Applies To: Windows 8, Windows 8.1
This topic for the IT professional describes Secure Boot, which is a means to validate the boot process as part of the trusted boot integrity design in the Windows operating systems designated in the Applies To list in this topic.
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Trusted Boot and Measured Boot as part of the Windows Boot Process
When a computer starts, it starts the process of loading the operating system by locating the bootloader on the computer’s hard drive. If a computer doesn’t support Secure Boot (as is the case with most computers released prior to Windows 8), the computer simply relinquishes control to the bootloader, without determining whether it is a trusted operating system or malware.
Secure Boot is dependent on Unified Extensible Firmware Interface (UEFI), which is a standards-based solution that provides the same functionality as the system BIOS. UEFI also adds security features and other advanced capabilities. Like BIOS, computers start UEFI before any other software, and UEFI then starts the operating system’s bootloader.
When a computer with UEFI and Secure Boot starts, the firmware starts the bootloader only if the bootloader’s signature has maintained integrity and if one of the following conditions is true:
The bootloader was signed by a trusted authority that is registered in the UEFI database. In the case of computers that are certified for Windows 8, the Microsoft signature is trusted.
The user has added the bootloader’s digital signature to the UEFI database. This allows the user to load non-Microsoft operating systems.
All computers that are x86-based and certified for Windows 8 must meet several requirements related to Secure Boot:
They must have Secure Boot enabled by default.
They must trust the Microsoft certification authority (CA), and thus any bootloader that Microsoft has signed.
They must allow the user to add signatures and hashes to the UEFI database.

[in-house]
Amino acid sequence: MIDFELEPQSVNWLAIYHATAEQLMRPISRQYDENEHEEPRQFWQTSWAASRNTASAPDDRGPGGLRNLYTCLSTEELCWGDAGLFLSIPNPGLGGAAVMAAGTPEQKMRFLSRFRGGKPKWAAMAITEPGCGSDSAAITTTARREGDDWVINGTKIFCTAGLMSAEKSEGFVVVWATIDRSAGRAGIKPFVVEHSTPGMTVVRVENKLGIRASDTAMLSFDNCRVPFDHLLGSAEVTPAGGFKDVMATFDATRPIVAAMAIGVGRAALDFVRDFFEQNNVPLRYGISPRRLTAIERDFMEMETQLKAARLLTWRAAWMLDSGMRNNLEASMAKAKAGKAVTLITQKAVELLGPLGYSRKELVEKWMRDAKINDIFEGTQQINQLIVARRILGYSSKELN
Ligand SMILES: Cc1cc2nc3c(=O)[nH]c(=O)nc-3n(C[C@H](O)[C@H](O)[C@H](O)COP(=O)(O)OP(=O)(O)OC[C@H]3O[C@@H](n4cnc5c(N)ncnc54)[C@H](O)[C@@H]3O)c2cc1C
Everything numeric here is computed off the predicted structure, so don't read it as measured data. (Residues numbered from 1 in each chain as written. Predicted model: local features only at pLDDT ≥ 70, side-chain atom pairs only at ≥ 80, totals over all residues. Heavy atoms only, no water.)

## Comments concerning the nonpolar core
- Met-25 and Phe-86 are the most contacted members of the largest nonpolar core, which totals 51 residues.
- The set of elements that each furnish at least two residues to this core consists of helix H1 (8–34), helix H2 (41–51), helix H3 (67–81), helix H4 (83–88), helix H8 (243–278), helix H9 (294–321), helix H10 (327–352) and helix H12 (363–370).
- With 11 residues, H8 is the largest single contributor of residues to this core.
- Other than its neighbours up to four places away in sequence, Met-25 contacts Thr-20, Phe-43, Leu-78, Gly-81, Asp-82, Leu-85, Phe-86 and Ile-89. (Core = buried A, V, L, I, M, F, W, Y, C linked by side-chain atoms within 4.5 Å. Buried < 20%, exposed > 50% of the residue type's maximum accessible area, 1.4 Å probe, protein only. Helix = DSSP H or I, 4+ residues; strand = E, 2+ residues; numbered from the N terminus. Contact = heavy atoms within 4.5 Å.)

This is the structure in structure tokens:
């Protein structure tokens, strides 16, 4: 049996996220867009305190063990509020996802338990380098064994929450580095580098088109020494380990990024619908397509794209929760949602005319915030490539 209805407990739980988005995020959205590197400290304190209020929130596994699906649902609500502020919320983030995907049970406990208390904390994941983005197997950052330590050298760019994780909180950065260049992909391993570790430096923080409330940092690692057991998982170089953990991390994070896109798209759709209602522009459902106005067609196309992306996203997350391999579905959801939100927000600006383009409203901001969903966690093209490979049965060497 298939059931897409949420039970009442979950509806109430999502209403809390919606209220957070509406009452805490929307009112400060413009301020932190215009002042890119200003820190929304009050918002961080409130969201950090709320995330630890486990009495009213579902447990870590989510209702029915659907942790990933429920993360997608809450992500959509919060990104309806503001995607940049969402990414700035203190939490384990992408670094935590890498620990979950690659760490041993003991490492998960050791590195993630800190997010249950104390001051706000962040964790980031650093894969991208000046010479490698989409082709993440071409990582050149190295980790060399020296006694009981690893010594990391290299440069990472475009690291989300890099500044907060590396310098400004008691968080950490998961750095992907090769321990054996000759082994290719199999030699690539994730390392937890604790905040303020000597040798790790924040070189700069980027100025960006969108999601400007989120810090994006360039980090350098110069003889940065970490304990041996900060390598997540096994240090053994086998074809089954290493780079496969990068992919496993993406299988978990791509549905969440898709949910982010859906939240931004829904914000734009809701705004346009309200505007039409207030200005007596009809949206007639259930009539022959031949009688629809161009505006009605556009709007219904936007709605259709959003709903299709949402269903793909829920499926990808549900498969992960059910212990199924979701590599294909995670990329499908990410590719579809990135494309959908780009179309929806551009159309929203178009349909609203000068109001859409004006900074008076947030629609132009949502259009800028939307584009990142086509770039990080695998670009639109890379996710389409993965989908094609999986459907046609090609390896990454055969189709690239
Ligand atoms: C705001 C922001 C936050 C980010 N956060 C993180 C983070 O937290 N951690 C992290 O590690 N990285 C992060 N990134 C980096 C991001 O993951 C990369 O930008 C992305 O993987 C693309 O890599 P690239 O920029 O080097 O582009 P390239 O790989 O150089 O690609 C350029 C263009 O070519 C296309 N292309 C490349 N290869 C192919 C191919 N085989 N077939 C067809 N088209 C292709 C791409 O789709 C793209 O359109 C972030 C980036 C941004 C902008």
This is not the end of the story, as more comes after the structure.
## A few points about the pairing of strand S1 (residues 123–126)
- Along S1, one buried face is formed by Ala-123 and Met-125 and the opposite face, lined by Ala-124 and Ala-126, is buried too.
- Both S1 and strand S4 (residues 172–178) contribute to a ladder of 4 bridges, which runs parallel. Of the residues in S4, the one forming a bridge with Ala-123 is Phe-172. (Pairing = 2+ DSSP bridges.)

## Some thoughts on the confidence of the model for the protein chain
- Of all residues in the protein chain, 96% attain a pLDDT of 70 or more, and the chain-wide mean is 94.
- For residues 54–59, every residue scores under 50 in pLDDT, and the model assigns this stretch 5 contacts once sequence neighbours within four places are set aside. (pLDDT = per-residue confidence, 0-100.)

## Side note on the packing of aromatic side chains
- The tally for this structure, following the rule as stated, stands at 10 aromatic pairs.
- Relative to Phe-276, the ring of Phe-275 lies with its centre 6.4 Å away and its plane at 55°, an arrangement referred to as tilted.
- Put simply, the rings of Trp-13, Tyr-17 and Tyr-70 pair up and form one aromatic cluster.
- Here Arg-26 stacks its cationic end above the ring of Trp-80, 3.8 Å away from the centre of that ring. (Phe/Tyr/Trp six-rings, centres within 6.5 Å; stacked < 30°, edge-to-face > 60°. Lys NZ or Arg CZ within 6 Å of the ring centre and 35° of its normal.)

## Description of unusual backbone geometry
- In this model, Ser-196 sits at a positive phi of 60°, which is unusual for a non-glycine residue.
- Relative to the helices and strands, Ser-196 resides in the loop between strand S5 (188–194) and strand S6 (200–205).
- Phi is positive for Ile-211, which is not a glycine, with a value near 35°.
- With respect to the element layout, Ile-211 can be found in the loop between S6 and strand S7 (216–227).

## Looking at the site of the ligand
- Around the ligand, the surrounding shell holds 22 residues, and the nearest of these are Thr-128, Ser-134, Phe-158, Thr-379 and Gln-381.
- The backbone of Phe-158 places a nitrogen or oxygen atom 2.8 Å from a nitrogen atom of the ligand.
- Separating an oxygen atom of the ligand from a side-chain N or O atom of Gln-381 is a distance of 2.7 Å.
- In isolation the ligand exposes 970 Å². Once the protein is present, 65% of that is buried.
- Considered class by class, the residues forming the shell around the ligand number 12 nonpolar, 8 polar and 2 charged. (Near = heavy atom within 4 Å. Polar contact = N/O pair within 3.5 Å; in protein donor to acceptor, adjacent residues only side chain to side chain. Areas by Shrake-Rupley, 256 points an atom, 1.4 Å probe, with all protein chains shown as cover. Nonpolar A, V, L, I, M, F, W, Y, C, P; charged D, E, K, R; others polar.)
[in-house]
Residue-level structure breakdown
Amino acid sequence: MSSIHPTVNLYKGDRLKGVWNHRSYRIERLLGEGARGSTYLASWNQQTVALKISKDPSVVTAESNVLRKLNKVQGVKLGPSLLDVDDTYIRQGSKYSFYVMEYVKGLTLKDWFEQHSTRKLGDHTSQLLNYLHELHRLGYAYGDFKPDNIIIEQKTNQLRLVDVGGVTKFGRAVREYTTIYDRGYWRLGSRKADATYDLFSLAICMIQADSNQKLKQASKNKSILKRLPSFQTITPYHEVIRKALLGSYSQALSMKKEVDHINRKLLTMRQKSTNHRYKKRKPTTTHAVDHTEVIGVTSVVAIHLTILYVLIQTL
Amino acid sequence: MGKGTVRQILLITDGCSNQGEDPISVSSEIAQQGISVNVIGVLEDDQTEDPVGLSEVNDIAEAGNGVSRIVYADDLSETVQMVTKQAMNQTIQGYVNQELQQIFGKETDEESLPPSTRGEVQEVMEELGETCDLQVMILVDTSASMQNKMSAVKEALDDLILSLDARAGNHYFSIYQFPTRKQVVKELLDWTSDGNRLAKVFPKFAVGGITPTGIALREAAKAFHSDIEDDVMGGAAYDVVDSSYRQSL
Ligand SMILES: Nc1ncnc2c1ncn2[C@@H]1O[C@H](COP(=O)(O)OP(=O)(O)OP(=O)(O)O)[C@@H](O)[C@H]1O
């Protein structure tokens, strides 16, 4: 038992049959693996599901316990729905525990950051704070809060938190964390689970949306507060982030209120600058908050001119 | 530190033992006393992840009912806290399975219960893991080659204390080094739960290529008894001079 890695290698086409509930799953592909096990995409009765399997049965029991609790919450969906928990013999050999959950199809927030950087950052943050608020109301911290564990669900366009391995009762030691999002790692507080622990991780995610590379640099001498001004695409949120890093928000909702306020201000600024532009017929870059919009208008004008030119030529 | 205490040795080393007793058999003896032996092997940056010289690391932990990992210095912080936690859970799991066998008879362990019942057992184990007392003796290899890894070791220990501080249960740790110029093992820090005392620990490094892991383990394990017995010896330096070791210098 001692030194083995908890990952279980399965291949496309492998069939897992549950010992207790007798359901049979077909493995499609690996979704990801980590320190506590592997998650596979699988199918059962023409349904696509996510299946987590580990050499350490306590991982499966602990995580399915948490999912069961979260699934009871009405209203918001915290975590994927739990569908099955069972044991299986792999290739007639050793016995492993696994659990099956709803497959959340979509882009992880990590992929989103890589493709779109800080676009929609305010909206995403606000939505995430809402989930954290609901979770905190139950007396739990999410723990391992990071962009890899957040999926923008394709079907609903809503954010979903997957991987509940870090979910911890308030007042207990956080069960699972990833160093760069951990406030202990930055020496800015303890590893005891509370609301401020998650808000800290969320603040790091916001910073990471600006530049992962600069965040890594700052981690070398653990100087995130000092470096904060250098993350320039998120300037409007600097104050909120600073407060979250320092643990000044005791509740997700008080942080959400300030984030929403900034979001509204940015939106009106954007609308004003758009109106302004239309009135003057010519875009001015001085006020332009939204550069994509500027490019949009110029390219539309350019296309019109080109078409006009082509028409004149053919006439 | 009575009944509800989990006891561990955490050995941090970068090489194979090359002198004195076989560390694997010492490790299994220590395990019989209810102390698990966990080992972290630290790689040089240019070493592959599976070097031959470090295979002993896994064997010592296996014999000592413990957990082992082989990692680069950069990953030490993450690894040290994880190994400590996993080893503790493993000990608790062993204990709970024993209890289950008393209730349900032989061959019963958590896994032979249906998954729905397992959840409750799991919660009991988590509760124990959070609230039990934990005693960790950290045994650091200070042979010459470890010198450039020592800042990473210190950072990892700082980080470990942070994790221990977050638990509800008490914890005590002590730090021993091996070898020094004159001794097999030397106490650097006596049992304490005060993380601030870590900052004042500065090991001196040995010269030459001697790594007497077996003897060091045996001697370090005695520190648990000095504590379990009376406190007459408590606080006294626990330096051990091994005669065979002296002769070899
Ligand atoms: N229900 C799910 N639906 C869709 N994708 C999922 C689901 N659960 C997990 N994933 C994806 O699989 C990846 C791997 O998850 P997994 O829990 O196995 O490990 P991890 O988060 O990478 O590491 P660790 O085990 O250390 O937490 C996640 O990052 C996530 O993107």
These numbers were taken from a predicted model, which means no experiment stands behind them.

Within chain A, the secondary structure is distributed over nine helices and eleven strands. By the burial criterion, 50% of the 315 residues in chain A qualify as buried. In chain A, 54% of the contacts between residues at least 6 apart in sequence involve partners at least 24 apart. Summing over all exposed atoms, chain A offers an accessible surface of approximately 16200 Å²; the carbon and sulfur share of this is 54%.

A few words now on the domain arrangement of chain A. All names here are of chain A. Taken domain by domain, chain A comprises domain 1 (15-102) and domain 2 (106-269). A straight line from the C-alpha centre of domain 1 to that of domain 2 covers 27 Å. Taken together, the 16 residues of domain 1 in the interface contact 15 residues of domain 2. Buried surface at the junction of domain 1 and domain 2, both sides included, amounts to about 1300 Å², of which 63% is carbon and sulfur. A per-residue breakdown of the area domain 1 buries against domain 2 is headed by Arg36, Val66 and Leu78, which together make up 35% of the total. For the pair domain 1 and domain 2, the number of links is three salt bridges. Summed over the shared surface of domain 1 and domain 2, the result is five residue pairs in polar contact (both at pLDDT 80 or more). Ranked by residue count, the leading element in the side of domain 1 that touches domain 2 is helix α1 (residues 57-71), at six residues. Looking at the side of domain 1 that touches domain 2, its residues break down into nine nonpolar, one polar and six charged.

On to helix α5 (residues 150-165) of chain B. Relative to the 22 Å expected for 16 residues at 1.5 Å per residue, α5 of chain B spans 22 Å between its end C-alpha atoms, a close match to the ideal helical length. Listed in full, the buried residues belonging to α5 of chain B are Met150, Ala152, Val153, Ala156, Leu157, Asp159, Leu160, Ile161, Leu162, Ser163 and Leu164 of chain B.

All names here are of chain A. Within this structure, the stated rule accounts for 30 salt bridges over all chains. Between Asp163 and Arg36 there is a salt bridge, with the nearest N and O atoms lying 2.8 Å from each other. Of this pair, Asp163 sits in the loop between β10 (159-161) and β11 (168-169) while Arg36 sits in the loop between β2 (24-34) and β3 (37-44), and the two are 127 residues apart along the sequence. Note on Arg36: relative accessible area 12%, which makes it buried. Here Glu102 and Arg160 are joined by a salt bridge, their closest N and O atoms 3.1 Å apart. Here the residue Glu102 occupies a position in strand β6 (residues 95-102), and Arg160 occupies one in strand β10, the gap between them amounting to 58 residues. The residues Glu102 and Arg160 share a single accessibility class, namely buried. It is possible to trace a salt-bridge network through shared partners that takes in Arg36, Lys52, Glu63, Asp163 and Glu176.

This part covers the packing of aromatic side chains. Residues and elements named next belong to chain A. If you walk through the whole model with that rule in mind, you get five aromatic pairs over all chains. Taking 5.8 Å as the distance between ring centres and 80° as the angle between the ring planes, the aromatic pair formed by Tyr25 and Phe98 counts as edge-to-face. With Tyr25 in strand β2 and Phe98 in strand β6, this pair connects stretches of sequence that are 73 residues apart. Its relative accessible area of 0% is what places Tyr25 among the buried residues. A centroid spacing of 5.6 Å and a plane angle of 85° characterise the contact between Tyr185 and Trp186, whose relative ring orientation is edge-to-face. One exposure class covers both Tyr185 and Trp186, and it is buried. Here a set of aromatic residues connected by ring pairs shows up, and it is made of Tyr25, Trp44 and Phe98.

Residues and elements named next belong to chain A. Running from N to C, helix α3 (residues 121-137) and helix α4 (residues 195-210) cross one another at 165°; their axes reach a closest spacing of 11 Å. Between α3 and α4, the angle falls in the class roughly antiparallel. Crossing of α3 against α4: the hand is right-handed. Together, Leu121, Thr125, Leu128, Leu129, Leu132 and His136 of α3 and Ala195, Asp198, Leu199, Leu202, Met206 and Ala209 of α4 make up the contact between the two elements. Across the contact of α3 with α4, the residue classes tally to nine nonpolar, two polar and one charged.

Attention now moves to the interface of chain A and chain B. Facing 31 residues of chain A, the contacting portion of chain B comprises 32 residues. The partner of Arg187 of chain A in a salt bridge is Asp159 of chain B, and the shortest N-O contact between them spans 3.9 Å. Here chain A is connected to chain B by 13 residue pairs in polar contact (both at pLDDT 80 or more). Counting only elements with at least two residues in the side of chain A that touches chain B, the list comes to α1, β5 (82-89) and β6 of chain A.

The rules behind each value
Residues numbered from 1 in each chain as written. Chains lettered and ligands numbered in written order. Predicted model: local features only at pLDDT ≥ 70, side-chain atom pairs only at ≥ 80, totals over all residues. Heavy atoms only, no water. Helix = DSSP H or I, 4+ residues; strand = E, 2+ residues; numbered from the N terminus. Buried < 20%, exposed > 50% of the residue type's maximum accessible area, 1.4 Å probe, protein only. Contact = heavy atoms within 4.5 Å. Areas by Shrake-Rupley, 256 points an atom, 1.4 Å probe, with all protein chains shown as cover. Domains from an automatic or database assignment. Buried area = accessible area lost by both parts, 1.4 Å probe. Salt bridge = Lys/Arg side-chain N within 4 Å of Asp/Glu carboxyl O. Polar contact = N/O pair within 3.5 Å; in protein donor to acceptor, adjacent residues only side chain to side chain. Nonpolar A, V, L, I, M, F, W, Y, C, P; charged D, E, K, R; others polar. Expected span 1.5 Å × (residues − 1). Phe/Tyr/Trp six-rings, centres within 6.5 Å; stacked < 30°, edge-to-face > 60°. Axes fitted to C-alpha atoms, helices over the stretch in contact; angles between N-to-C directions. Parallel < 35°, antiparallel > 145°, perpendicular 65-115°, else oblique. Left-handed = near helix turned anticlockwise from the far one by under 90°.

They must allow the user to completely disable Secure Boot.
How it works
When Secure Boot is activated on a computer or device, the computer or device checks each piece of software, including the UEFI drivers (also known as Option ROMs) and the operating system, against databases of known good signatures that are maintained in the firmware. If each piece of software is valid, the firmware runs the software and the operating system.
Hardware manufacturers (OEMs) must implement Secure Boot configurations on the systems that they manufacture. If there are any incorrect configurations, end users might be prompted with the following watermark on their desktops: "Secure Boot isn't configured correctly." The watermark appears because Secure Boot is disabled, or because a preproduction or debug policy is installed on the device.
For more information about how Secure Boot leverages signature databases and keys, about the watermark, and a description of the boot sequence, see the Secure Boot Overview in the Windows Deployment Options section of the TechNet Library.
Bootkits are the most dangerous form of malware. They start before Windows starts, and they hide between the hardware and the operating system where they are virtually undetectable and have unlimited access to system resources.
Recent implementations of UEFI can run internal integrity checks that verify the firmware’s digital signature before running it. Because only the computer’s hardware manufacturer can control which digital certificates are permitted to create a valid firmware signature, UEFI offers protection from firmware rootkits. Thus, UEFI is the first link in the chain of trust.
With Secure Boot, the computer’s UEFI verifies that the Windows bootloader is secure before loading it. If the bootloader has been modified (for example, if a bootkit is installed) or replaced, Secure Boot will prevent running it.
For more information about UEFI, see UEFI Firmware in the Windows Deployment Options section of the TechNet Library.
New and changed functionality
Windows 8.1 and Windows 8 will only run on certified computers. Certification is based, in part, on UEFI.
Hardware and software requirements
This feature is supported on versions of Windows that are designated in the Applies To list at the beginning of this topic.
For detailed information about requirements regarding boot time, runtime, hibernation state, and the requirements to enable UEFI platforms without a Compatibility Support Module (CSM), see UEFI Requirements: Boot time, Runtime, Hibernation State (S4) in the Windows Deployment Options section of the TechNet Library.
The following table provides links to resources to help you understand and work with Secure Boot.
Discussions about Secure Boot (Microsoft Windows)
Tools and settings
Answers from Microsoft Support
Enabling Secure Boot After Install (Microsoft Community)
How to disable secure boot (Microsoft Community)
Your pc firmware is not compatible with secure boot (Microsoft Community)
Windows 8 / secure boot / moving from one PC to another (Microsoft Community)